Duterte to quit in 3 years if federalism begins

Paterno Esmaquel II
Duterte to quit in 3 years if federalism begins
'Basta ako sana mismo ang magsabi, alis na ako. Hindi ako maghintay ng 6 years,' President Rodrigo Duterte says as he pushes for federalism

MANILA, Philippines – President Rodrigo Duterte on Saturday, October 29, stressed that he can resign as early as 3 years from now if the Philippines has already shifted to a federal form of government. 

Referring to the shift to federalism, Duterte said, “‘Pag natapos ‘yan nang 3 taon, asahan ninyo, I give you my word, ‘pag nandiyan na ‘yang framework, I will resign to give way to a new president. Wala na kayong iisipin pa.”

(If that is finished in 3 years, you can count on it, I give you my word, if the framework is already there, I will resign to give way to a new president. You’ll have nothing more to think of.)

He added, in reference to the 6-year term of Philippine presidents: “Basta ako sana mismo ang magsabi, alis na ako. Hindi ako maghintay ng 6 years. Just hurry up the process (I myself will say it: I will go. I will no longer wait for 6 years. Just hurry up the process).”

Duterte made this statement at the launch of the Comprehensive Reform and Development Agenda for the Autonomous Region in Muslim Mindanao and other Conflict Areas in Regions IX, X, and XII.

Federalism is a form of government that gives more power to the regions, such as those in Mindanao, as opposed to the unitary form of government that concentrates power in Metro Manila.

Under federalism, regions will become autonomous states with control over its budget. The national government, in turn, will retain control over aspects of national interest, such as foreign affairs. (READ: Will federalism address PH woes? Pros and cons of making the shift)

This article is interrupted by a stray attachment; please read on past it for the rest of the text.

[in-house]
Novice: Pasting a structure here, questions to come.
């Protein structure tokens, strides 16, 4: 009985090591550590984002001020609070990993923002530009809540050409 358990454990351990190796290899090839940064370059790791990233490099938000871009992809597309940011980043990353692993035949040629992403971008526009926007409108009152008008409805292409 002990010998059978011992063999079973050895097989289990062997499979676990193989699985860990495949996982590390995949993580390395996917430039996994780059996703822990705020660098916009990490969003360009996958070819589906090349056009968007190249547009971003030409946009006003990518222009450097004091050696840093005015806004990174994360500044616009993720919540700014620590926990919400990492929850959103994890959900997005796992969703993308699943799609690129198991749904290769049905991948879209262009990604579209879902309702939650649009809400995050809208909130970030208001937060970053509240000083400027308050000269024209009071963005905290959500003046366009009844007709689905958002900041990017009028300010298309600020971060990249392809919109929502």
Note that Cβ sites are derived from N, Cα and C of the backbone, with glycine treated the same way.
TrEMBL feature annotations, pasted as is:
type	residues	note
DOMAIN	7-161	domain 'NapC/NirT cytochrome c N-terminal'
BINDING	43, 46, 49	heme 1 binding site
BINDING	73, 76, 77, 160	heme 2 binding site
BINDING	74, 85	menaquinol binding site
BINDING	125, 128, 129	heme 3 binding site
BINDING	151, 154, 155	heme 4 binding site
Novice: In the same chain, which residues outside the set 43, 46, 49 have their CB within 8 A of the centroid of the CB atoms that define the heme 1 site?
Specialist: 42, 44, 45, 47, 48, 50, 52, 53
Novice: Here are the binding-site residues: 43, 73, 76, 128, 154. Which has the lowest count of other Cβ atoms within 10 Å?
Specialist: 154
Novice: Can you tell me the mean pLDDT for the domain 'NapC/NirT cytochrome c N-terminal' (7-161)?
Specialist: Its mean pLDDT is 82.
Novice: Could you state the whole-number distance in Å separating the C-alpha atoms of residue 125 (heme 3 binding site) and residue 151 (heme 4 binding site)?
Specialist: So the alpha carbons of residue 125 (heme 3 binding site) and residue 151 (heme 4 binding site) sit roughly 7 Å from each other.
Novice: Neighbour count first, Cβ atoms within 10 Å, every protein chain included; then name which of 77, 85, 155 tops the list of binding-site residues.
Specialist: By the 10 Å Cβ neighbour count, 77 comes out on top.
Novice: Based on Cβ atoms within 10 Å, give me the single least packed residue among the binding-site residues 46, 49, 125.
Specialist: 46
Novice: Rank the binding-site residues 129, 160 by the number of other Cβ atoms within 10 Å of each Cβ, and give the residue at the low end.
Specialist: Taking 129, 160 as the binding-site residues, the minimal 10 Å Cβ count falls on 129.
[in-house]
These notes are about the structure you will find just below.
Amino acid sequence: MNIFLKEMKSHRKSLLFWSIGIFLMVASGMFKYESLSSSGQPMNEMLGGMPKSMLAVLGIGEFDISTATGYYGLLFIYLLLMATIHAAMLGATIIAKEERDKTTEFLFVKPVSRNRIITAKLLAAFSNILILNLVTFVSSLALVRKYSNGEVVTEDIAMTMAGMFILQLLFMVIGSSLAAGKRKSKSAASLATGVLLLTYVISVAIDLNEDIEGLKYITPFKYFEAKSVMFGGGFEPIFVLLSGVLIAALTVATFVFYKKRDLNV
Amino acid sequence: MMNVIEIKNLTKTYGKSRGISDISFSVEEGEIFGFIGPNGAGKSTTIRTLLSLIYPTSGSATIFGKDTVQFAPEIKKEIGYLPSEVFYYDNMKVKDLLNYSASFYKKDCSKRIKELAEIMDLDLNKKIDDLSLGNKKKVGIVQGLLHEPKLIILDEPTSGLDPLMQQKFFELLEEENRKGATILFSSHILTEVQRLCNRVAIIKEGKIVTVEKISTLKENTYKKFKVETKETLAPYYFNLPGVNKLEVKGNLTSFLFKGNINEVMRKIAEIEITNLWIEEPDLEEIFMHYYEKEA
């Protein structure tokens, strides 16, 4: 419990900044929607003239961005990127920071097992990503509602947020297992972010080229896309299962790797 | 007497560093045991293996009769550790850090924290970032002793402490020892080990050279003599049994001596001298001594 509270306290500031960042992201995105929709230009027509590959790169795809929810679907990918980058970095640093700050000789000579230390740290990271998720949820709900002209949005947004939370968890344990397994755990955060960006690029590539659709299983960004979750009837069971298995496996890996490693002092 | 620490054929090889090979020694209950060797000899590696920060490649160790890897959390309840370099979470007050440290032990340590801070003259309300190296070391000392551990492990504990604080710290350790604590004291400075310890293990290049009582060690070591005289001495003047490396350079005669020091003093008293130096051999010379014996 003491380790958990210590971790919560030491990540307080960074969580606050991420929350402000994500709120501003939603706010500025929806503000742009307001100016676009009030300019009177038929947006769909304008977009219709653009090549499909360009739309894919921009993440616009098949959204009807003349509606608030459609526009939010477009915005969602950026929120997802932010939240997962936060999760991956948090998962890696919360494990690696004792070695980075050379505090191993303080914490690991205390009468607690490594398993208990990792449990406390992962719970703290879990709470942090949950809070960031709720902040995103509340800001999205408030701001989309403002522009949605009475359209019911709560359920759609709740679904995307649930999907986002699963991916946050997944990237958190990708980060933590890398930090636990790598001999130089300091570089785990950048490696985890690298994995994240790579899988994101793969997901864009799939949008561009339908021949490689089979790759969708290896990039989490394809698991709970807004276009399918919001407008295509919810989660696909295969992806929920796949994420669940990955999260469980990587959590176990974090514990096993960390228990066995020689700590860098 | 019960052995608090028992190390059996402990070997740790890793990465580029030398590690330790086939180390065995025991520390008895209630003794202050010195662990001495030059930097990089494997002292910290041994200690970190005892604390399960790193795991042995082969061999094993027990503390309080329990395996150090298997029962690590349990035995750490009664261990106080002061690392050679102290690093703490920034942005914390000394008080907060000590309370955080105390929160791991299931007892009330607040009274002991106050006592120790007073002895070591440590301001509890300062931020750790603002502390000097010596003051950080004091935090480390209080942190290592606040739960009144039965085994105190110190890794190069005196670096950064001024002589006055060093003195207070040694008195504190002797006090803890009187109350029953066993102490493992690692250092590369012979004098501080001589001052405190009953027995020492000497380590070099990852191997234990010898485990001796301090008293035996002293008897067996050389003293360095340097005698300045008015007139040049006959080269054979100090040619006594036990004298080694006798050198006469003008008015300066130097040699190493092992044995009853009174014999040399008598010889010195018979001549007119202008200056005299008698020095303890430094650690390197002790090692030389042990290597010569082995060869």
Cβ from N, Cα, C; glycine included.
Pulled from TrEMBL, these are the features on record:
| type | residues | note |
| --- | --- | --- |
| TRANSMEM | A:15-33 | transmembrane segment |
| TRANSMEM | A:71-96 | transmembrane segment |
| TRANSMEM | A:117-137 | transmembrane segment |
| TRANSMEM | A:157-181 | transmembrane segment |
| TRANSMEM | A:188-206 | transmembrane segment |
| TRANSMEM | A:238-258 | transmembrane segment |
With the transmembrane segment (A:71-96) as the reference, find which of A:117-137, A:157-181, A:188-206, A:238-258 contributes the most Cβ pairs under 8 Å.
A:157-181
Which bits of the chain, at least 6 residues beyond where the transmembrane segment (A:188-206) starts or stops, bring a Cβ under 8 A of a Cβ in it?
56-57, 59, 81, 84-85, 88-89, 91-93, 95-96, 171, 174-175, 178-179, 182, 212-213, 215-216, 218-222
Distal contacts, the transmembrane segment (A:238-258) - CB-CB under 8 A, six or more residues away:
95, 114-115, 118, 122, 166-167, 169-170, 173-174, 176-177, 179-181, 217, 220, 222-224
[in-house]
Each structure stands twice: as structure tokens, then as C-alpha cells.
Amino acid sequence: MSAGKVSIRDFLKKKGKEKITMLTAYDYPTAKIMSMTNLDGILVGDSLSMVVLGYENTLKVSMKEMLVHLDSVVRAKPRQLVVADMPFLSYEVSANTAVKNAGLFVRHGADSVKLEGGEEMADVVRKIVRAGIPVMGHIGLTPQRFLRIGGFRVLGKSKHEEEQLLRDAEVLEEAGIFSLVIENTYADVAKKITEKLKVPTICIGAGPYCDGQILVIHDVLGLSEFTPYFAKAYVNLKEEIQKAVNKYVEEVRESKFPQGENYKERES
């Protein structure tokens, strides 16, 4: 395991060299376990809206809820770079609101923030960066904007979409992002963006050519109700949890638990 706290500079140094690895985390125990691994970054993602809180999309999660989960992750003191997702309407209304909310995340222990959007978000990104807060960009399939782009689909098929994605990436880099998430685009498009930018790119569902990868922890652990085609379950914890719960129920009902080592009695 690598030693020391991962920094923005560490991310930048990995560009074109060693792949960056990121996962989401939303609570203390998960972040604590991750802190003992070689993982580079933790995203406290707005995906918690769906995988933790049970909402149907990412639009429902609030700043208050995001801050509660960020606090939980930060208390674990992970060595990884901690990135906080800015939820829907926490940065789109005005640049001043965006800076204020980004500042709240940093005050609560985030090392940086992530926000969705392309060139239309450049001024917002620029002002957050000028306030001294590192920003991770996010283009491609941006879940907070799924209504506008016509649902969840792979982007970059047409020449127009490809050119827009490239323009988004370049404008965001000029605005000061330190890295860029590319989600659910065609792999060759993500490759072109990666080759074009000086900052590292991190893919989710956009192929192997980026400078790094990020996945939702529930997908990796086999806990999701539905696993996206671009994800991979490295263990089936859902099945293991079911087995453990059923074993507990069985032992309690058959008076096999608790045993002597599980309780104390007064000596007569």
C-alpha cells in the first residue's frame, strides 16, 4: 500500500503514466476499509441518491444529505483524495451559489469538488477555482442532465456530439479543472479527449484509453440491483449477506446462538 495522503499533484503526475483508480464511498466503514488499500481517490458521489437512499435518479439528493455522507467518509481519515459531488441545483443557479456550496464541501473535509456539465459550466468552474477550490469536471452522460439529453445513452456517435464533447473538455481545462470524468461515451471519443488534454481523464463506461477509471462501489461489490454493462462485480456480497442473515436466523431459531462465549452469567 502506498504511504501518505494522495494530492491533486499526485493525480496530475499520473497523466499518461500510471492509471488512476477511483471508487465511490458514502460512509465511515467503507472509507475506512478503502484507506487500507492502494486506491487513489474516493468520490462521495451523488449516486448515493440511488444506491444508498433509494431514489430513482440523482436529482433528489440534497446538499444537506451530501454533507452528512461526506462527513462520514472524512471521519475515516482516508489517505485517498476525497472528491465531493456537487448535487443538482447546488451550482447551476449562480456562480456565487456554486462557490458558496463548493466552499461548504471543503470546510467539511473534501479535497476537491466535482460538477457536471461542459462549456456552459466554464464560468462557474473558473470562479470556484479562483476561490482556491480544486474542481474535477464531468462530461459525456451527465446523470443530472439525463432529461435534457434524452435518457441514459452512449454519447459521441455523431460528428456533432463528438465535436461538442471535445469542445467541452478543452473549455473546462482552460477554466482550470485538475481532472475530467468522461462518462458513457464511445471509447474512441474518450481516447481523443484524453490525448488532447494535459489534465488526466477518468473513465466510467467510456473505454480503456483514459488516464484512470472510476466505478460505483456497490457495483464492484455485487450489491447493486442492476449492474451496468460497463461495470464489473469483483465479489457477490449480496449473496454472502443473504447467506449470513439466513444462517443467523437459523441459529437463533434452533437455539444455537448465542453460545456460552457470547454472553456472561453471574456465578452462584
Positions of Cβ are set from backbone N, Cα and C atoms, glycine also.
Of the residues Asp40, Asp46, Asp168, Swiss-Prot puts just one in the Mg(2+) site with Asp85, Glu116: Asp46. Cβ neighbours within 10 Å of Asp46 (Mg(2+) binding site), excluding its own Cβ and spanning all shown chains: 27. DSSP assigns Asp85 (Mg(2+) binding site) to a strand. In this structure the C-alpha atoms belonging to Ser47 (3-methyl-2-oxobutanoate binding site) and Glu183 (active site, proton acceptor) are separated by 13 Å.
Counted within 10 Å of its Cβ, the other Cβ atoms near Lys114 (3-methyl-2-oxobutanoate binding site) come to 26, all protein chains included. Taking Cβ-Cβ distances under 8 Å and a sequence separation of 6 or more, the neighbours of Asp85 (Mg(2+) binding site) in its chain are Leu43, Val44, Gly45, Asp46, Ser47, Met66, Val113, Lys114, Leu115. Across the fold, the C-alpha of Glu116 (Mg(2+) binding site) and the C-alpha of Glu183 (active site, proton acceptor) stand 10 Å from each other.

‘Trojan horse for other agenda’?

In July, Duterte already made a similar offer to resign if the Philippines has shifted to a federal form of government. 

Lawyer Christian Monsod, one of the framers of the 1987 Constitution, however, questioned the push for federalism in the Philippines under Duterte’s watch. 

Referring to Duterte, Monsod said in a recent forum: “He is in a hurry to make far-reaching structural changes in our Constitution by exploiting his high approval rating and asking the people to trust him totally on this urgency and scope, the full range of which he has not even disclosed.” 

He said: “This is dangerous demagoguery, and raises the question: Is federalism also a Trojan horse for other agenda? It is time for us to think more deeply about our future.”

For Moro Islamic Liberation Front chairman Al Haj Murad Ebrahim, Congress should first pass the stalled Bangsamoro Basic Law before shifting to a federal system.

“The prospective Bangsamoro government shall serve as template of a Philippine federal state,” Ebrahim said. – Rappler.com

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Paterno Esmaquel II

Paterno R. Esmaquel II, news editor of Rappler, specializes in covering religion and foreign affairs. He obtained his MA Journalism degree from Ateneo and later finished MSc Asian Studies (Religions in Plural Societies) at RSIS, Singapore. For story ideas or feedback, email him at pat.esmaquel@rappler.com.